My father seems to be fading like an old Polaroid. Sometimes I think about asking if he’s scared. And by scared, I mean about dying. But that’s a door I can’t open. Even thinking and typing the word feels like a betrayal.
Dad spent six days in a hospital two hours’ drive from home last week. His condition, pulmonary hypertension, is very difficult to manage. He has an excellent specialist who does everything you’d want a doctor to do, from calling the house to check in between appointments to visiting my father in the hospital, even though he’s out on vacation.
But getting Dad back on course takes time and tries his patience. He hates the hospital food, and the hospital twin bed and worst of all, the hospital TV that doesn’t offer a guide or menu. Fortunately he loves the nurses (and they love him).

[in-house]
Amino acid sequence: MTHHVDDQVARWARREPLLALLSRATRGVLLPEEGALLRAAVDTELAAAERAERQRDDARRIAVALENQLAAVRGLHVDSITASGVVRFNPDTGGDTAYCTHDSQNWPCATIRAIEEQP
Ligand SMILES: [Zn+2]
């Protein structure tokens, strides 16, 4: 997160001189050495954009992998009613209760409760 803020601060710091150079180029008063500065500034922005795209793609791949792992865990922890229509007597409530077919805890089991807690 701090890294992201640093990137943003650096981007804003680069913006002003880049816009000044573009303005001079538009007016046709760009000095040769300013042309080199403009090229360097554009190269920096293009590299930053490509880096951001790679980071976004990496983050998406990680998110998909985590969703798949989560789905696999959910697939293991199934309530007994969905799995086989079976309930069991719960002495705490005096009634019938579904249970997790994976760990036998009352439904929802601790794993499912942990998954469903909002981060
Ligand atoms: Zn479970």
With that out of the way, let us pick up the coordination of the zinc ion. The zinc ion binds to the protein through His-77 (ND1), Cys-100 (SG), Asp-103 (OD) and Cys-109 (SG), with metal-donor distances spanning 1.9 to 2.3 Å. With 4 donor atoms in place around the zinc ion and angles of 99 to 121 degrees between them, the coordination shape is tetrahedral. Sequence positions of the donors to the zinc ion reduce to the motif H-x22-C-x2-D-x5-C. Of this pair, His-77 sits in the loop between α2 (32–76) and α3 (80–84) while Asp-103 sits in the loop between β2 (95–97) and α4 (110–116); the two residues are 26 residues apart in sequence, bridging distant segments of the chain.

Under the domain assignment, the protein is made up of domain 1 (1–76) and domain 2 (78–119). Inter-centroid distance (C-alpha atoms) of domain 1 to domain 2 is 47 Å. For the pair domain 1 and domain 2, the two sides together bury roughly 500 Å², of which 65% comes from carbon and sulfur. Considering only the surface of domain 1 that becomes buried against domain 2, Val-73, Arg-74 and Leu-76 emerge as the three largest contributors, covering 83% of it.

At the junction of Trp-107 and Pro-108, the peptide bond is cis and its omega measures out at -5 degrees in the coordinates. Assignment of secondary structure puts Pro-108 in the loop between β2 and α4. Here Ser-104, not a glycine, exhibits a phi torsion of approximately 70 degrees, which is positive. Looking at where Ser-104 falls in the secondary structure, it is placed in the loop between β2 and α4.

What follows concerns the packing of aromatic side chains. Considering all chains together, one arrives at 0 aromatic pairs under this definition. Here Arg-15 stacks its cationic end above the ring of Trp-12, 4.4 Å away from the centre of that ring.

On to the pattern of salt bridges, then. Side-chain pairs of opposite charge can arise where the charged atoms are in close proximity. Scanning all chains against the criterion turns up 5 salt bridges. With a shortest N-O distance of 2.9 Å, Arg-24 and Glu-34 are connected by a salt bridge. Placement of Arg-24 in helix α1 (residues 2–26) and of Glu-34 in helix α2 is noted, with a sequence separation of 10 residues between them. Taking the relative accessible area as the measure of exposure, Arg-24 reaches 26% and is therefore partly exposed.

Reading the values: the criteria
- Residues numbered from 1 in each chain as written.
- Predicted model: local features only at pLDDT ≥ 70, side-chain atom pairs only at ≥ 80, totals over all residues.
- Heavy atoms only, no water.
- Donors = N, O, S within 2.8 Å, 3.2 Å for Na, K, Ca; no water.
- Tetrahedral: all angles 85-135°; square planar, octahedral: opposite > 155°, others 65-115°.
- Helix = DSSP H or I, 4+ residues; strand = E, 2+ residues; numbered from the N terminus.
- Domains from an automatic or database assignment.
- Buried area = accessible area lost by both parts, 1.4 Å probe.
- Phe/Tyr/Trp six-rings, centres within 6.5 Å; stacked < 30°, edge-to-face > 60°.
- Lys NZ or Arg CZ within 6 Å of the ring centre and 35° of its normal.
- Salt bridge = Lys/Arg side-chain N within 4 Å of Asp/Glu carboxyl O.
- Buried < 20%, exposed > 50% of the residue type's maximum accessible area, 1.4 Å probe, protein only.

I call a few times each day, trying to encourage and distract him.
“At least The Voice is on tonight, Dad.”
“You’re right, Jen. I can’t wait. It’s good to have something to look forward to.”
“I love you, Dad. So much.”
And then I hang up and cry. I can’t let Dad know how scared I am.
December 18 update: Dad was just diagnosed with shingles.
I had a mother-daughter weekend in the DC area. A cousin got married and Mom asked me to be her date. Dad is doing pretty well, but his health ups and downs mean he’s less likely to enjoy all of the standing around a wedding reception can entail, or a four-hour car ride.
I was [mostly] happy to step in, for the chance to see relatives and to try to see old friends in DC, time permitting.
The wedding was lovely.
You guys really liked my friend Candace’s recent guest post. Fortunately, she has volunteered another, this time about what it means to go home.